Losing power is just part of Maine living, I guess.

It's funny how the way you get and keep the power on in your home varies so drastically depending on location. For instance, when I lived in southern Maine back in '98, my lights never even flickered the entire duration of the ice storm. My family here in Bangor was without power for like, 4 days.

If you lived on the peninsula in Portland, you never, ever lost power. Fast forward to moving back to Bangor, and we lost the power the first day in our new house. Hahaha. For that matter in 2020, where I am in Hampden, we lost the power ten times from the end of September until December. I'm not even exaggerating for emphasis. Ten. Times.

So naturally, we bought a generator.

Granted, we went whole hog, and got a 13 kilowatt bad boy that runs on propane. Every year, someone will come check it all out and make sure it's running in peak condition, just like keeping up your furnace. But what if you're running a smaller gas-powered generator?

According to Fox ABC Maine, there's a few things you should keep in mind this winter. Bangor Fire Department Public Education Officer Jason Johnson says they don't get lots of problem associated with folks running their units, but more often it's trouble using and storing them correctly.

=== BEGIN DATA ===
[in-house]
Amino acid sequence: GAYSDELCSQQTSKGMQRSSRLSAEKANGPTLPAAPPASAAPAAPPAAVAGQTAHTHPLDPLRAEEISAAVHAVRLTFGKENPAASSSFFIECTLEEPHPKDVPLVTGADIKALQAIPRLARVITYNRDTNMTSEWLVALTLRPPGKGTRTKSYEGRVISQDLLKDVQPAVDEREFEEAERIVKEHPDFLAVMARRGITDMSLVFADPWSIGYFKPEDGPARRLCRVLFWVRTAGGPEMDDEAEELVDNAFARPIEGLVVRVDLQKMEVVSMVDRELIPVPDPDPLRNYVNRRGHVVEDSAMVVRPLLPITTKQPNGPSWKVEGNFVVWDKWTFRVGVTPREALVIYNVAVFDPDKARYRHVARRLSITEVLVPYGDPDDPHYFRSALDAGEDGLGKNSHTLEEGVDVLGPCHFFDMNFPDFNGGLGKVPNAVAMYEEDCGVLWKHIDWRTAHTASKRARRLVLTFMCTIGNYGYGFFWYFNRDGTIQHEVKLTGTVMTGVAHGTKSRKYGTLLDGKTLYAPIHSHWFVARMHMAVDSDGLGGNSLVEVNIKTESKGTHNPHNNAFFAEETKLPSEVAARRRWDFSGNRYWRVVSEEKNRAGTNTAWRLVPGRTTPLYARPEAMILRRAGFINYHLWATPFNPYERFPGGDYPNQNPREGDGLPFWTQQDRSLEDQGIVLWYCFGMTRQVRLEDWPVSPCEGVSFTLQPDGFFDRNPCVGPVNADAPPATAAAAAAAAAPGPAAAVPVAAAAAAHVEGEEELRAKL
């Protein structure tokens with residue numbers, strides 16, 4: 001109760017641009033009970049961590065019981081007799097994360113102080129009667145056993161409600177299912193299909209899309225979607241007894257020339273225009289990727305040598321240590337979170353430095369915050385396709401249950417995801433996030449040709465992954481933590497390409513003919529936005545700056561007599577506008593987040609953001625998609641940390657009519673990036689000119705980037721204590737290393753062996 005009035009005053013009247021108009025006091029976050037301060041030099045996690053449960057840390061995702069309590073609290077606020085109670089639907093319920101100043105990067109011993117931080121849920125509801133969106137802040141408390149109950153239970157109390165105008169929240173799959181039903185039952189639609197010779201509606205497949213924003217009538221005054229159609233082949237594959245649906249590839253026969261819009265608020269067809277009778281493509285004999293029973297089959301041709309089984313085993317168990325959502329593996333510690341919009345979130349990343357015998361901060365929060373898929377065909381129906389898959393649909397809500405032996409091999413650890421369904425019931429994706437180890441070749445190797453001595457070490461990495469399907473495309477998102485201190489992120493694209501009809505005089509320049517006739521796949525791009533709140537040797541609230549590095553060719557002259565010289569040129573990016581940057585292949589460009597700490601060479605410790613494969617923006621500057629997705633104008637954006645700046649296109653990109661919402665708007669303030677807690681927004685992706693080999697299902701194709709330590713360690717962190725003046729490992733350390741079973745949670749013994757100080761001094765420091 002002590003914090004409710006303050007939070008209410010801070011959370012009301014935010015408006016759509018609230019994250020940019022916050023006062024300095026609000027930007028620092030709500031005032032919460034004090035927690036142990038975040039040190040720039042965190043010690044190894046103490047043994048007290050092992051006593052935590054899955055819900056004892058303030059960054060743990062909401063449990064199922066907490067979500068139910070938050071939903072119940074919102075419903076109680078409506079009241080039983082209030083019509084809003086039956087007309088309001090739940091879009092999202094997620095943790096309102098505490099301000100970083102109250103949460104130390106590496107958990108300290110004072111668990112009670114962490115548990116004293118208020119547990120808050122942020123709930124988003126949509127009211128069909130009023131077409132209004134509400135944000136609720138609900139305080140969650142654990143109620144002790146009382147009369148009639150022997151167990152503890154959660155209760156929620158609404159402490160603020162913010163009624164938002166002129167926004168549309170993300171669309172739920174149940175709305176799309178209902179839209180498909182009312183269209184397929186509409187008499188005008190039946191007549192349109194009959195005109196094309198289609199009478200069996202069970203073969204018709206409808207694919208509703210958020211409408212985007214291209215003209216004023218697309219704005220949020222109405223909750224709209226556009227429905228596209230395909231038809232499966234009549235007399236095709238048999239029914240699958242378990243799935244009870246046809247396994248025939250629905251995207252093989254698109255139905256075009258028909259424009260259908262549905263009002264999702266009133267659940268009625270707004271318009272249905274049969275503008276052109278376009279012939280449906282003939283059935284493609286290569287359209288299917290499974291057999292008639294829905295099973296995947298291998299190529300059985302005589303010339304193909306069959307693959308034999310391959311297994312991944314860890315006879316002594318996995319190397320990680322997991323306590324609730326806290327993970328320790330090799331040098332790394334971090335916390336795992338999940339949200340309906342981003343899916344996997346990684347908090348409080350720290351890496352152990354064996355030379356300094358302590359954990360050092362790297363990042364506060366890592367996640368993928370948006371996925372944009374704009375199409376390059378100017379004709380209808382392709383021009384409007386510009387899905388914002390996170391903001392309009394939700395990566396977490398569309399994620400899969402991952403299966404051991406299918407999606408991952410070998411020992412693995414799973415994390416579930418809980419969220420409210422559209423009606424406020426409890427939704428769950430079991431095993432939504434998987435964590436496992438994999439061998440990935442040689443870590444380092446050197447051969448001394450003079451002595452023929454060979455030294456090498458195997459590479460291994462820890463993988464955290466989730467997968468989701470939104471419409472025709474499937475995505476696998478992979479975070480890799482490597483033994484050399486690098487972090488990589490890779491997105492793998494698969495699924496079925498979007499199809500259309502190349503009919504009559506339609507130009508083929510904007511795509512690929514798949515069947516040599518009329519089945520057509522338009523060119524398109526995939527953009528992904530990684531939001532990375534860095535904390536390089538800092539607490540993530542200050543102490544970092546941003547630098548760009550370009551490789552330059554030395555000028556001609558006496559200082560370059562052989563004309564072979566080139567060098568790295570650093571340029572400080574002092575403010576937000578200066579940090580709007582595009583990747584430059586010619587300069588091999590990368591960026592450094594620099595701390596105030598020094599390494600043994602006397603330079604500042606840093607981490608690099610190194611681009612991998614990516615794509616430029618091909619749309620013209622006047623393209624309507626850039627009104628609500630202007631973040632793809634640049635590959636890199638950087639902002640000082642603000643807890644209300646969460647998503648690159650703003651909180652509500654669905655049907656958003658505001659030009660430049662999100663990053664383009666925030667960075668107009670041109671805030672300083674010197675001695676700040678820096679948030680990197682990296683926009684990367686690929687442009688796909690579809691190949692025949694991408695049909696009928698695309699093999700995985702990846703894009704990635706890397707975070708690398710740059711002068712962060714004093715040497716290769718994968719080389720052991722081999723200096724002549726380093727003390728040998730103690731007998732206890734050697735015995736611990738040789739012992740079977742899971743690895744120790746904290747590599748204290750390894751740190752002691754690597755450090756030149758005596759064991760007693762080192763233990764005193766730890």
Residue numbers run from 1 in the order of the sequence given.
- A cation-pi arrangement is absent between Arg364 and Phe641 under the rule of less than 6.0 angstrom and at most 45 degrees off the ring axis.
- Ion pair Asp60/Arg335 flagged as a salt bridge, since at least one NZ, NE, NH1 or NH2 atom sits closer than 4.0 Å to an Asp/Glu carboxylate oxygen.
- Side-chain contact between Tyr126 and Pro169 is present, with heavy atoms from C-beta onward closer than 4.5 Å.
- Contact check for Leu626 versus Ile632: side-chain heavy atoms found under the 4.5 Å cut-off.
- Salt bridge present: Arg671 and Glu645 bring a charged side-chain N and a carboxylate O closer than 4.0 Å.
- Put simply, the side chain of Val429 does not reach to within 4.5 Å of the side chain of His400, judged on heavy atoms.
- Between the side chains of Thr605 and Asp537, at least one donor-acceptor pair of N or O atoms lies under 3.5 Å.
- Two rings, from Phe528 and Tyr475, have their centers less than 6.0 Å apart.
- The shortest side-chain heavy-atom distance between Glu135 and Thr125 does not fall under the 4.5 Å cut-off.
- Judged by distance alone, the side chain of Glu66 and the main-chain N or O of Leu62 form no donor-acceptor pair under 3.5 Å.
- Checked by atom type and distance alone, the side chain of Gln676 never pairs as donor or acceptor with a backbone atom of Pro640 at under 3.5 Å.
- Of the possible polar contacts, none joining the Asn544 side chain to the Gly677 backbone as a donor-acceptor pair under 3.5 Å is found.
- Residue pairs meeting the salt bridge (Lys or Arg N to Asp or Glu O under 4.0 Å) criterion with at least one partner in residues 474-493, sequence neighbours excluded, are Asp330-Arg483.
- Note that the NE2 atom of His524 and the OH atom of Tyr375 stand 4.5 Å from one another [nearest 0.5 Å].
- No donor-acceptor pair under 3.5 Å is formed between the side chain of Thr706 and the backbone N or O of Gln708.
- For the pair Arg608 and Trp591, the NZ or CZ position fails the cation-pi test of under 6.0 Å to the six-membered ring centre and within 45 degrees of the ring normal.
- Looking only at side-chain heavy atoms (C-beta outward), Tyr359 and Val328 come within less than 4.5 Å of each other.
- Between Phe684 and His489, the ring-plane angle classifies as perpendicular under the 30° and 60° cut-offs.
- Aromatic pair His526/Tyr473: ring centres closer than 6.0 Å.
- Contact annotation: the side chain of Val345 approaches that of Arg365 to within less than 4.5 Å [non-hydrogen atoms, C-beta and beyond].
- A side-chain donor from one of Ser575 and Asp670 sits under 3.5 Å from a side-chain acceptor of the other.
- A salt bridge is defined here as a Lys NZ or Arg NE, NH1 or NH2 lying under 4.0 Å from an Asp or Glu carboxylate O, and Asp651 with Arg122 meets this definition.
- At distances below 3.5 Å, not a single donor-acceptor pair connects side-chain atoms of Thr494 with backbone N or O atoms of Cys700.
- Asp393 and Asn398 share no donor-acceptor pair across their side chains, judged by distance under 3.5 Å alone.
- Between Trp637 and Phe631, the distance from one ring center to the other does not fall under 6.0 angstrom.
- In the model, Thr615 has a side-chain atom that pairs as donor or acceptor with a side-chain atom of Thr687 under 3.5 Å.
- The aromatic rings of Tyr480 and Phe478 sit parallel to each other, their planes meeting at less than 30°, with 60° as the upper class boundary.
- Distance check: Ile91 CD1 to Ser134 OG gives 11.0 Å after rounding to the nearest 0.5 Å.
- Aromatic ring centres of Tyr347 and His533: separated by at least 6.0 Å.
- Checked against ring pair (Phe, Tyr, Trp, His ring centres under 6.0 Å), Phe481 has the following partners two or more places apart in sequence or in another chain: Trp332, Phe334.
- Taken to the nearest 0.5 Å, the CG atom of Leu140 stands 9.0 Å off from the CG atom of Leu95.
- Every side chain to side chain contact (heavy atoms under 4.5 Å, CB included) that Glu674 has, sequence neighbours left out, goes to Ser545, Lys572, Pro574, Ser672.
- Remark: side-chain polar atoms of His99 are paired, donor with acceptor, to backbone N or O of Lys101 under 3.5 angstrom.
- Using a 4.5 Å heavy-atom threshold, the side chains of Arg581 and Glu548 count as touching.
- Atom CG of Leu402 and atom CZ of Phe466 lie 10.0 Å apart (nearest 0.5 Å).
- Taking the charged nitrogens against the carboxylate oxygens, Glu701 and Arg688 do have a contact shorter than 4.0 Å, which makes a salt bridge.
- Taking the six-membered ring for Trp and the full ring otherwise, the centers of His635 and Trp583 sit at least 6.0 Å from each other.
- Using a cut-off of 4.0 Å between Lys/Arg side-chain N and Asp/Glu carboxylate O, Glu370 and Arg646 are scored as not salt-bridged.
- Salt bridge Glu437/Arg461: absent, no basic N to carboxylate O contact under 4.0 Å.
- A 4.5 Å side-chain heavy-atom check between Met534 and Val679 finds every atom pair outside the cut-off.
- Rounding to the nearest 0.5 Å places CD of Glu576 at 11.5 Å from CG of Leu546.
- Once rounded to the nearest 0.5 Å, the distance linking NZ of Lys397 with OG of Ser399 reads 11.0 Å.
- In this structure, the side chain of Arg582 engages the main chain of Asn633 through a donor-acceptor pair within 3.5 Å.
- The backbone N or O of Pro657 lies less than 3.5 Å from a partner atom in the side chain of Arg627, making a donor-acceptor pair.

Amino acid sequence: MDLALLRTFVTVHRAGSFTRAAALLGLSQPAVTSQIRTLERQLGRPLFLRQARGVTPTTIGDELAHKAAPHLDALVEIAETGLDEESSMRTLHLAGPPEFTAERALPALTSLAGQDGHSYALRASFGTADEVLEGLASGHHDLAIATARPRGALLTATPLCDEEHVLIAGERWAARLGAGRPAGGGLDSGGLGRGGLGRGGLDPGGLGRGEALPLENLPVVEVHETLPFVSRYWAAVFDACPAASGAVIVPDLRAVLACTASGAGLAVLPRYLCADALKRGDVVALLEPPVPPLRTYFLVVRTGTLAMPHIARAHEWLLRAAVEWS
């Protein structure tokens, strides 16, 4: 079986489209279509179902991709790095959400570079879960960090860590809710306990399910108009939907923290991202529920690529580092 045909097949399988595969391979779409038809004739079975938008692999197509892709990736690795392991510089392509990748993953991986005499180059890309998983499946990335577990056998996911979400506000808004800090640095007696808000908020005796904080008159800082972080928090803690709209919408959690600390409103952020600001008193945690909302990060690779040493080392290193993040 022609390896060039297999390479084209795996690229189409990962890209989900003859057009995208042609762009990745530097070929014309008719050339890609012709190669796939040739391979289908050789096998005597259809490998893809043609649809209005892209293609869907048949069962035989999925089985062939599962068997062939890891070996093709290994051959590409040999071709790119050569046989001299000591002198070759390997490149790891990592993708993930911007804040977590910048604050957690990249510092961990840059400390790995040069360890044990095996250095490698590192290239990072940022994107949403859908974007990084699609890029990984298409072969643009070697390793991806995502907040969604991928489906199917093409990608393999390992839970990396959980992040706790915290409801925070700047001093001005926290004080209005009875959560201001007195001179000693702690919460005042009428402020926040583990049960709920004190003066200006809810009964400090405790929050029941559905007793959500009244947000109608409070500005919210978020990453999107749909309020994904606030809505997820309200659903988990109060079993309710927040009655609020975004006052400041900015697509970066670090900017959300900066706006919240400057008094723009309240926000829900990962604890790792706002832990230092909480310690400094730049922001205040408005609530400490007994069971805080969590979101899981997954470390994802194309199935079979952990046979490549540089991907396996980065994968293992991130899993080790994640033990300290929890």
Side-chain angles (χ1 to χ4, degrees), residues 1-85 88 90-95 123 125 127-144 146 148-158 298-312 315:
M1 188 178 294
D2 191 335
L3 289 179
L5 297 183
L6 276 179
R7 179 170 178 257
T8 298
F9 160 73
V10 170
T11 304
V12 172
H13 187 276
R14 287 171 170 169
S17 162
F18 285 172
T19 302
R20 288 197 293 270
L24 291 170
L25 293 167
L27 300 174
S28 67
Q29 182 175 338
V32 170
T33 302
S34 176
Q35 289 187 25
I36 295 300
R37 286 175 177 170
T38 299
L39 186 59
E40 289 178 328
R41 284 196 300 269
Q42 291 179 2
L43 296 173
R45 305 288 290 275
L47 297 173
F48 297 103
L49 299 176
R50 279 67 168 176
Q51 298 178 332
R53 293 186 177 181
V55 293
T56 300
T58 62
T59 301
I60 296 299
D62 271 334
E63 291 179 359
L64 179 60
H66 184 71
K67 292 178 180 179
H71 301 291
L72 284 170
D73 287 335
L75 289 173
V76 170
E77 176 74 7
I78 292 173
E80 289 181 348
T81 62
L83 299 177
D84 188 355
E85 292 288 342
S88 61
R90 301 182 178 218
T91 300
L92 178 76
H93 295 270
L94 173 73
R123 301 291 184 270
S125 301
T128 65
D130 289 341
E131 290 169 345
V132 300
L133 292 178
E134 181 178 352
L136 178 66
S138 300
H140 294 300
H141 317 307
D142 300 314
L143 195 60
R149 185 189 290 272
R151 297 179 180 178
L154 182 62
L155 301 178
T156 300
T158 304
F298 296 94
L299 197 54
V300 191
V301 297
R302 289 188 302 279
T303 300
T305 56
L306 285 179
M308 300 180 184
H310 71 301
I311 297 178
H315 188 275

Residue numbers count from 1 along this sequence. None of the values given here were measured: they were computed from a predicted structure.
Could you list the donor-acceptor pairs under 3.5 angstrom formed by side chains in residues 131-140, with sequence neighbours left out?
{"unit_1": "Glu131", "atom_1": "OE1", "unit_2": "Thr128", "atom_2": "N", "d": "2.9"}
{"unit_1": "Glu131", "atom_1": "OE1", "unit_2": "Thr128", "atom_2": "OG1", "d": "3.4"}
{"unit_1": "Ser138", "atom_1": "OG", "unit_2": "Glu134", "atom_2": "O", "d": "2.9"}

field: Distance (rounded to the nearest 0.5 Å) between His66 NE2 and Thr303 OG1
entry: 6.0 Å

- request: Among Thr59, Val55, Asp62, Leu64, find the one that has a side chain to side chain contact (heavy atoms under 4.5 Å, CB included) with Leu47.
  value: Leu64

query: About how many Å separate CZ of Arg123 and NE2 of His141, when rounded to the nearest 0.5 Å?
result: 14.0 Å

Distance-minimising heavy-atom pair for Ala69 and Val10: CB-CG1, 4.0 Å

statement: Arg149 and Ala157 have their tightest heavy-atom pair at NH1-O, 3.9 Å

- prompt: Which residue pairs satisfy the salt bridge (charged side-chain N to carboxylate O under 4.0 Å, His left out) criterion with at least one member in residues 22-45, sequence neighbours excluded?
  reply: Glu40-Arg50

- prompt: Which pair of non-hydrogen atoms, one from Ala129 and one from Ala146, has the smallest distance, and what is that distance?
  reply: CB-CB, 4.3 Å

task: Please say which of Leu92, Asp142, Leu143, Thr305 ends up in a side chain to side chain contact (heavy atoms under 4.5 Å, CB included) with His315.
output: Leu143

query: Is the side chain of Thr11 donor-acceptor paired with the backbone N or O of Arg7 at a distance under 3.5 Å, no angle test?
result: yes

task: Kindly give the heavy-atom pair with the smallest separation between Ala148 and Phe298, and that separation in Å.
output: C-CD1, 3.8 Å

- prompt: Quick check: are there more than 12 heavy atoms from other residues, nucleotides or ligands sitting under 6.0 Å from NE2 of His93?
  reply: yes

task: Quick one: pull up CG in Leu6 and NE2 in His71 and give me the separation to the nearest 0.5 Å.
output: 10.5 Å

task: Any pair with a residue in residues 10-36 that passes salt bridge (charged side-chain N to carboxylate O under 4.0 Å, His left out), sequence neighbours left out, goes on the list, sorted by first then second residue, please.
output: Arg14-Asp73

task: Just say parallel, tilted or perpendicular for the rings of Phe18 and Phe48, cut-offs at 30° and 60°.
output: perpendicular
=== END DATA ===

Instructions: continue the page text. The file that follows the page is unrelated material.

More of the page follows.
Most importantly, only run the generator outside.

This may seem obvious, but lots of people don't want to go outside in the snow or rain, and sometimes try to run it in the garage, or even basement! the number one call for generator 'accidents' is carbon monoxide poisoning. So only ever run it outside.

Next comes storing it. Even after you shut it off, make sure it's cool before getting it out of the elements. But again, it's not something you want to bring in the house. Garage or shed maybe, but never in the house. There's just too many variables that make it the unsafe place for storage.

And of course, make sure it's hooked up correctly.

When they came to install my generator, there was on older panel on the wall that the previous owner used for a small generator, and it wasn't even wired properly. If we had used a small one, it could have easily started a fire.

There's a lot of comfort in owning a generator. Knowing that you'll stay warm, and your food will stay cold, is pretty awesome. And as I'm discovering, if you live out in the sticks, you need an alternate power source, hahaha. Oh boy, it's so great to be an adult, right?!

Absolute Top 10 Necessities To Survive A Maine Winter

As the tundra begins to freeze over and as Mainers begin their seasonal refuge to the bunker, there are a few necessities needed in order to successfully make it to the other side, where the palm trees reside. 

So, take heed and pay attention to our advice, because these are the exact necessities that will ensure your survivability, mental good health, and that you’ll eventually see another summer season up to camp. 

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